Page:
“What’s the point?”

A student who had had a couple of lessons and seemed to have a good initial understanding of the Alexander Technique turned to me after a lesson and said “Well, this is all really interesting, and I like it, but I’m not quite sure what the point is.” Excellent question.

Lots of things happen in a typical Alexander lesson. There is table work, which everyone likes – it feels great to have a sense of expansion throughout your body, to feel your back lengthen and settle onto the table, to feel your breathing ease and integrate into your whole body. It also feels great that the student can learn fairly quickly to get many of the same benefits when lying down on their own at home, using the simple Alexander directions that are taught as the mental foundation of the Technique.

There is chair work, in which the student learns to become aware of and inhibit his or her habitual reactions to a stimulus, the stimulus in this case being the idea of sitting in a chair or standing up from sitting. It sounds ridiculously simple, but it’s actually quite challenging, especially at first. The teacher helps with verbal guidance and gentle hands-on help. Over time the student learns to interfere less and less with his or her natural coordination, and to trust the body’s natural, easeful, integrative reflexes to do the work rather than doing it with unconscious, unthinking muscular effort.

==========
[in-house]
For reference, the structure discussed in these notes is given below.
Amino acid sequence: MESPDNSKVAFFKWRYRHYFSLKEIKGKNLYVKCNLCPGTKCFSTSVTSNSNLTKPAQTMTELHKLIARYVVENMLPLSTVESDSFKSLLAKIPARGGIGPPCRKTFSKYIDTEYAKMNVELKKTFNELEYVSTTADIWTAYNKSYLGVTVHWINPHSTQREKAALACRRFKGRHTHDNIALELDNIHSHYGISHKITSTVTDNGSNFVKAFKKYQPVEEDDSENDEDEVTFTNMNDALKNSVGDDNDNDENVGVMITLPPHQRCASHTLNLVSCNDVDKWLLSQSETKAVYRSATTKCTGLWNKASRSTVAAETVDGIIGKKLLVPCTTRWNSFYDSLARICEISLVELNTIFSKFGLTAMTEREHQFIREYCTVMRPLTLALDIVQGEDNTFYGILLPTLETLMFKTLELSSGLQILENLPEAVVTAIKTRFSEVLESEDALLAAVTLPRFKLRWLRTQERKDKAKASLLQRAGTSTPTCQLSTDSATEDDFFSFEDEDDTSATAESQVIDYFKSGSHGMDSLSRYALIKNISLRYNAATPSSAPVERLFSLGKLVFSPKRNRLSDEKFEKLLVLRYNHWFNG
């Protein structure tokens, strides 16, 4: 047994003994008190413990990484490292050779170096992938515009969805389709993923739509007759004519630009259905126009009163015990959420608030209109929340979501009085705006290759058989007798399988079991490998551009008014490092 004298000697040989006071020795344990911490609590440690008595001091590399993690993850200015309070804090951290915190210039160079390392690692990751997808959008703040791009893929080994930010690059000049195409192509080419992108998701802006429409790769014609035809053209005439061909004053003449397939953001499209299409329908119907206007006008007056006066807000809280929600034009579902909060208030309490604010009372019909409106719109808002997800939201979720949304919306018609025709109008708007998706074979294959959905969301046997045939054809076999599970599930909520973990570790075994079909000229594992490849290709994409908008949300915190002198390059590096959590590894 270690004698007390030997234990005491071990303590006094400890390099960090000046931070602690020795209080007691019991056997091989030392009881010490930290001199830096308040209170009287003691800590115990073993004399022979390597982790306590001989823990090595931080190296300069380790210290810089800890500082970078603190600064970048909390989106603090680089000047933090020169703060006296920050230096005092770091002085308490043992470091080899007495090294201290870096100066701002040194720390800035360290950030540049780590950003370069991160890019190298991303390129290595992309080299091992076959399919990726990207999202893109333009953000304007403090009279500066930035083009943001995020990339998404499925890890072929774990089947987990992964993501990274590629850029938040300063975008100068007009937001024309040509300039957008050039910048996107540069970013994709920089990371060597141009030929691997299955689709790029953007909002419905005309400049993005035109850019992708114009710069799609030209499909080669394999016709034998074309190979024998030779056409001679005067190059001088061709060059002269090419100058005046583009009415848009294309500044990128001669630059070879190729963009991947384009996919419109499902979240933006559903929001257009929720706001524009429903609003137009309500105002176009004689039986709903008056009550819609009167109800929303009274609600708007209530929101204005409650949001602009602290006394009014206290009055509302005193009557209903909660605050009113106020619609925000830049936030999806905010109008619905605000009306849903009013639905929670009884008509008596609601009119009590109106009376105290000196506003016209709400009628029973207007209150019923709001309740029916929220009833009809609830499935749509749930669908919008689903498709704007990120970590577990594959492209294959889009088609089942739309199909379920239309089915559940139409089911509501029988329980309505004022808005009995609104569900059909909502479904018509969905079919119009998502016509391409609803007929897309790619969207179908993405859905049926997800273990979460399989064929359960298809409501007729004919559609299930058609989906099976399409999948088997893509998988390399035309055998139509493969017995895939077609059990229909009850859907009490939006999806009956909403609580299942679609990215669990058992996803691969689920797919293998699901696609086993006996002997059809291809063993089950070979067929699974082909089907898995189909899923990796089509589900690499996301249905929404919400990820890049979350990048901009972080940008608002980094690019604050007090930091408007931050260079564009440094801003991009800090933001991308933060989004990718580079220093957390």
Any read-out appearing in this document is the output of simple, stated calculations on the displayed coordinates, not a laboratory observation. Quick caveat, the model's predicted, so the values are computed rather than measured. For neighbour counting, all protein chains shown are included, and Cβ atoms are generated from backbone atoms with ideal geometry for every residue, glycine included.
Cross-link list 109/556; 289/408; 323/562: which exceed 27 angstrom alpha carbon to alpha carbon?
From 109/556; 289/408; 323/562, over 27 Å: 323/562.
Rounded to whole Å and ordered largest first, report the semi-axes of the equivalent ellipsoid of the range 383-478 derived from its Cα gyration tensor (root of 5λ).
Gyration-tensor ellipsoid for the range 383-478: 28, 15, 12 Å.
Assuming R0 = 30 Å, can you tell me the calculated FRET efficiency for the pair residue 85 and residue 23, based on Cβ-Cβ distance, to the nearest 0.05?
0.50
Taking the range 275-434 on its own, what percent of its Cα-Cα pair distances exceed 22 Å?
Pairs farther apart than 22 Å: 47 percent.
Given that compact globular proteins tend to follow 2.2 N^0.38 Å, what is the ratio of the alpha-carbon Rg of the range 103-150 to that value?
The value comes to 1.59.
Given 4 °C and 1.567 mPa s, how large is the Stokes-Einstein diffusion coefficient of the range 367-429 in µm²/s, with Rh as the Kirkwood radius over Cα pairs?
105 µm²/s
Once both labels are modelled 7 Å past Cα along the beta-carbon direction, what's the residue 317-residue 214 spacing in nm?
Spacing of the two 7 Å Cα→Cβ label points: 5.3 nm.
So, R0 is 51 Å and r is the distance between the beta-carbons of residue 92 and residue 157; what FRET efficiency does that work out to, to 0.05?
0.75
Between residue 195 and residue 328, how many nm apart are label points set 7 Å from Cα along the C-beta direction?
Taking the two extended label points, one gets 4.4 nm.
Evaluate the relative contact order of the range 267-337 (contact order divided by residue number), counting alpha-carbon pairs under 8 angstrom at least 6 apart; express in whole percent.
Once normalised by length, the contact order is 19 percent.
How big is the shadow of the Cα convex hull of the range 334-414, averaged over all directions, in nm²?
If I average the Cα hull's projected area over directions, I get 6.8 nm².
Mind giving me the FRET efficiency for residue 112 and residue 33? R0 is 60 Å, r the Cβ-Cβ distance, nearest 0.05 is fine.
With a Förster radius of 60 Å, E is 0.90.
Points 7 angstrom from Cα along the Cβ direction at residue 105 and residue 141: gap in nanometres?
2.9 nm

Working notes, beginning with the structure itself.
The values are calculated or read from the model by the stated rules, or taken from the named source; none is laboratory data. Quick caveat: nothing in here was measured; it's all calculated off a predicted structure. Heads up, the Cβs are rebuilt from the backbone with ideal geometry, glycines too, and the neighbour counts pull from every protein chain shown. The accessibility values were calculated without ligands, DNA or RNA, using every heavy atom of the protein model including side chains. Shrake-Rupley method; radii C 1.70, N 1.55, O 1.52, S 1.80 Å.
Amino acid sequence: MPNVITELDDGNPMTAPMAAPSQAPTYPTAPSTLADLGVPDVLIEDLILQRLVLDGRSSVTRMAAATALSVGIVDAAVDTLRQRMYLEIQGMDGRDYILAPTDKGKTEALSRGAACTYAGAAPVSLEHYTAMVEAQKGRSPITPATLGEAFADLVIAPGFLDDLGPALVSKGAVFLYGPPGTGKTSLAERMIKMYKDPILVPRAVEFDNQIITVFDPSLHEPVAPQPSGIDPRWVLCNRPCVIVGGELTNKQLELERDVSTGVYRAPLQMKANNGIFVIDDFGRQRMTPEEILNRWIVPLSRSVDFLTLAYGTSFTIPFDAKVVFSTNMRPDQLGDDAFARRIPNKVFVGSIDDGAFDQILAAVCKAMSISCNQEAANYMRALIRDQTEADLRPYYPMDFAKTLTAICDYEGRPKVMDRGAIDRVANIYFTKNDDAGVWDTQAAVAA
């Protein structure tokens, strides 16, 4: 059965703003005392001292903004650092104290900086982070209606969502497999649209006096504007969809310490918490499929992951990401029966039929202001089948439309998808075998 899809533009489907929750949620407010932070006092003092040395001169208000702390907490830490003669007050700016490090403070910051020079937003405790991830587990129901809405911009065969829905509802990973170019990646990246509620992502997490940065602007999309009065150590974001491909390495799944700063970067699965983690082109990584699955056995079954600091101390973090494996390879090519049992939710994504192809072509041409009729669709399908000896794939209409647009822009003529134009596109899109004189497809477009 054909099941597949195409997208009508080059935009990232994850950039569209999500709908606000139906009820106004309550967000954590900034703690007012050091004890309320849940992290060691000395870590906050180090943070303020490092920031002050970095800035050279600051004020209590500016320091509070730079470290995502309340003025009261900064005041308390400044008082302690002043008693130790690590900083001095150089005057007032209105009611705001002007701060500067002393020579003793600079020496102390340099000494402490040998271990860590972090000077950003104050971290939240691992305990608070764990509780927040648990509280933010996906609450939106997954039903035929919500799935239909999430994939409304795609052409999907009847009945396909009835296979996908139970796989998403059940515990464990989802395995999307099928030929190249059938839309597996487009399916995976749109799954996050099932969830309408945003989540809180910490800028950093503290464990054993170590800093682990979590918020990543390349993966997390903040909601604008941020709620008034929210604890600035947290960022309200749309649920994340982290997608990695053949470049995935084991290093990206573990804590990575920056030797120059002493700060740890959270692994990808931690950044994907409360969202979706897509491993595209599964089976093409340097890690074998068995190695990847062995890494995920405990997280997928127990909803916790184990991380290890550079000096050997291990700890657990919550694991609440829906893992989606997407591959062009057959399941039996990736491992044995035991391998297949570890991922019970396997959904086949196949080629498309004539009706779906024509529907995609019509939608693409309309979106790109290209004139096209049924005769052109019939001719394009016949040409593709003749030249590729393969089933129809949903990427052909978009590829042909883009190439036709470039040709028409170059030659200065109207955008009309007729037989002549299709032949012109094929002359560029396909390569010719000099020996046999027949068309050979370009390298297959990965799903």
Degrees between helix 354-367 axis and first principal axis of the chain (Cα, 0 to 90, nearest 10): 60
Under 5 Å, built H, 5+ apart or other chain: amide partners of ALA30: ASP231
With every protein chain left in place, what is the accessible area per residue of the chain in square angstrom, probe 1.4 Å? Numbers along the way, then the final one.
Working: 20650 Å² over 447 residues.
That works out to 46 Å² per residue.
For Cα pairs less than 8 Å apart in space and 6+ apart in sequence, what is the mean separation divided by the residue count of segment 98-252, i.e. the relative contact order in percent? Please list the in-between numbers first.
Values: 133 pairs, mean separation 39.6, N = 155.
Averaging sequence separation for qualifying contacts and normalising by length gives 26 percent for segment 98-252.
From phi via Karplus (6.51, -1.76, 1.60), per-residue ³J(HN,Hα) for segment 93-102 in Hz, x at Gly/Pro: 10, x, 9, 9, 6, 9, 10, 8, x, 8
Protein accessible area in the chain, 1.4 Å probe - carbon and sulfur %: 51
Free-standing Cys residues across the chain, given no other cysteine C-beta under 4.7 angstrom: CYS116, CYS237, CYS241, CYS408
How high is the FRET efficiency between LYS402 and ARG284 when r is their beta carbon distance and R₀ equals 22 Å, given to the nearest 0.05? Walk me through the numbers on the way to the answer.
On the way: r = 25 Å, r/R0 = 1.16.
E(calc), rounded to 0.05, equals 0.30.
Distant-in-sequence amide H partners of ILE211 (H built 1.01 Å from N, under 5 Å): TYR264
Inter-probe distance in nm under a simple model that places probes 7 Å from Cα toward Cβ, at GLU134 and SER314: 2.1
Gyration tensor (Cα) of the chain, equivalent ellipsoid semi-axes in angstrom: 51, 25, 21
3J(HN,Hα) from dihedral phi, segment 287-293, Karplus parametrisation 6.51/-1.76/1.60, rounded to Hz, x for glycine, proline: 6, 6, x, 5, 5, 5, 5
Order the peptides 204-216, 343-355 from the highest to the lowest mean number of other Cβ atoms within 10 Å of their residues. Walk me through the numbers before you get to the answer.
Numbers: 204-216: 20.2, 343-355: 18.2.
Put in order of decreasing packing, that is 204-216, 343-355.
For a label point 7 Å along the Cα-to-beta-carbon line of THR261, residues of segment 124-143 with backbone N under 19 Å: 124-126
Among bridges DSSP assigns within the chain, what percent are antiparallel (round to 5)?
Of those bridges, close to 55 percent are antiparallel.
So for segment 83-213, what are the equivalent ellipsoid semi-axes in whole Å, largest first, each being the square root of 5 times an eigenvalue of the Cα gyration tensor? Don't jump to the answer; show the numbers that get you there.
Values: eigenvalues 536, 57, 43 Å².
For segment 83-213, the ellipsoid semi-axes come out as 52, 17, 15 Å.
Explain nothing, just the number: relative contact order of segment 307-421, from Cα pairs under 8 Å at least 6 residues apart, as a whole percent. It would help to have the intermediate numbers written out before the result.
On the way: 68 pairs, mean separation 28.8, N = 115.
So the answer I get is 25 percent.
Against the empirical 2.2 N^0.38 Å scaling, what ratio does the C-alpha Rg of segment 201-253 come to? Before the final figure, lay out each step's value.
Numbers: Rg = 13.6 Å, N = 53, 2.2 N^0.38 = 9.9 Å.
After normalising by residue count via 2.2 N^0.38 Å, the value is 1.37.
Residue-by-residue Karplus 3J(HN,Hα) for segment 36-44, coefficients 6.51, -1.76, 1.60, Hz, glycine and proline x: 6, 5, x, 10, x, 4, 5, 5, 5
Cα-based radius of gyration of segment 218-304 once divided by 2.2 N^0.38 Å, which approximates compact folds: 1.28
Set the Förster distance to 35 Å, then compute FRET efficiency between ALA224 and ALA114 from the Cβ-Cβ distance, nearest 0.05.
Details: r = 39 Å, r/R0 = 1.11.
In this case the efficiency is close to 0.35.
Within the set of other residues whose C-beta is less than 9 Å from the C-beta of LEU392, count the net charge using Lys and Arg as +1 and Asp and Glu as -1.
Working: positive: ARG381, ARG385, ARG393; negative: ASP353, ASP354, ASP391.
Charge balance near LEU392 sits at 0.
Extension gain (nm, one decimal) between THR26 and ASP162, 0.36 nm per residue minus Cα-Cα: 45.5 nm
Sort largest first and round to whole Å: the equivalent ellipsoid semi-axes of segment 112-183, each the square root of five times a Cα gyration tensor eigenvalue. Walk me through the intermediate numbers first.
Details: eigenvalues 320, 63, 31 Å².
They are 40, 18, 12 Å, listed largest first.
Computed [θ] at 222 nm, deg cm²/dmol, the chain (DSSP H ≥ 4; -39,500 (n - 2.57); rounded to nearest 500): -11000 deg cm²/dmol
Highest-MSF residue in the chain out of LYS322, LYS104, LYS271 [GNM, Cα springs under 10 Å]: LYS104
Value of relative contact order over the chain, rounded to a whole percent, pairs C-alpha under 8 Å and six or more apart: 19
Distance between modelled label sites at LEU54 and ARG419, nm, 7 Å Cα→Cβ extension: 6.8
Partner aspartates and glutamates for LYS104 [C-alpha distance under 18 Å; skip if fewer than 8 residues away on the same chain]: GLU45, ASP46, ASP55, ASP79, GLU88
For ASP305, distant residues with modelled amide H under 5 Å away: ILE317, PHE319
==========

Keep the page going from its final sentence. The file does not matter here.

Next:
These things are of course great for people with neck, back, or hip issues – all the joints benefit, really, because we learn to allow them to move freely and openly. Pain, if present, is reduced, breathing opens up, circulation improves, we gain a sense of moving in harmony with gravity rather than fighting against it. We learn to expand in movement rather than to contract and hunch our way through life. But the even greater benefit, should we choose to take advantage of it, is that by paying attention to how we do things rather than just focusing on the end result, we start to work our way to a bigger picture, a wider perspective, a life based on conscious choice rather than on habitual reaction. That’s the point. By interweaving conscious direction and control with physical awareness and movement, not only do we gain freedom from physical problems, we can begin to experience one of the great pleasures of life: acting from choice and freedom instead of habit and conditioning.

My Alexander Technique site – www.theexpandingself.com

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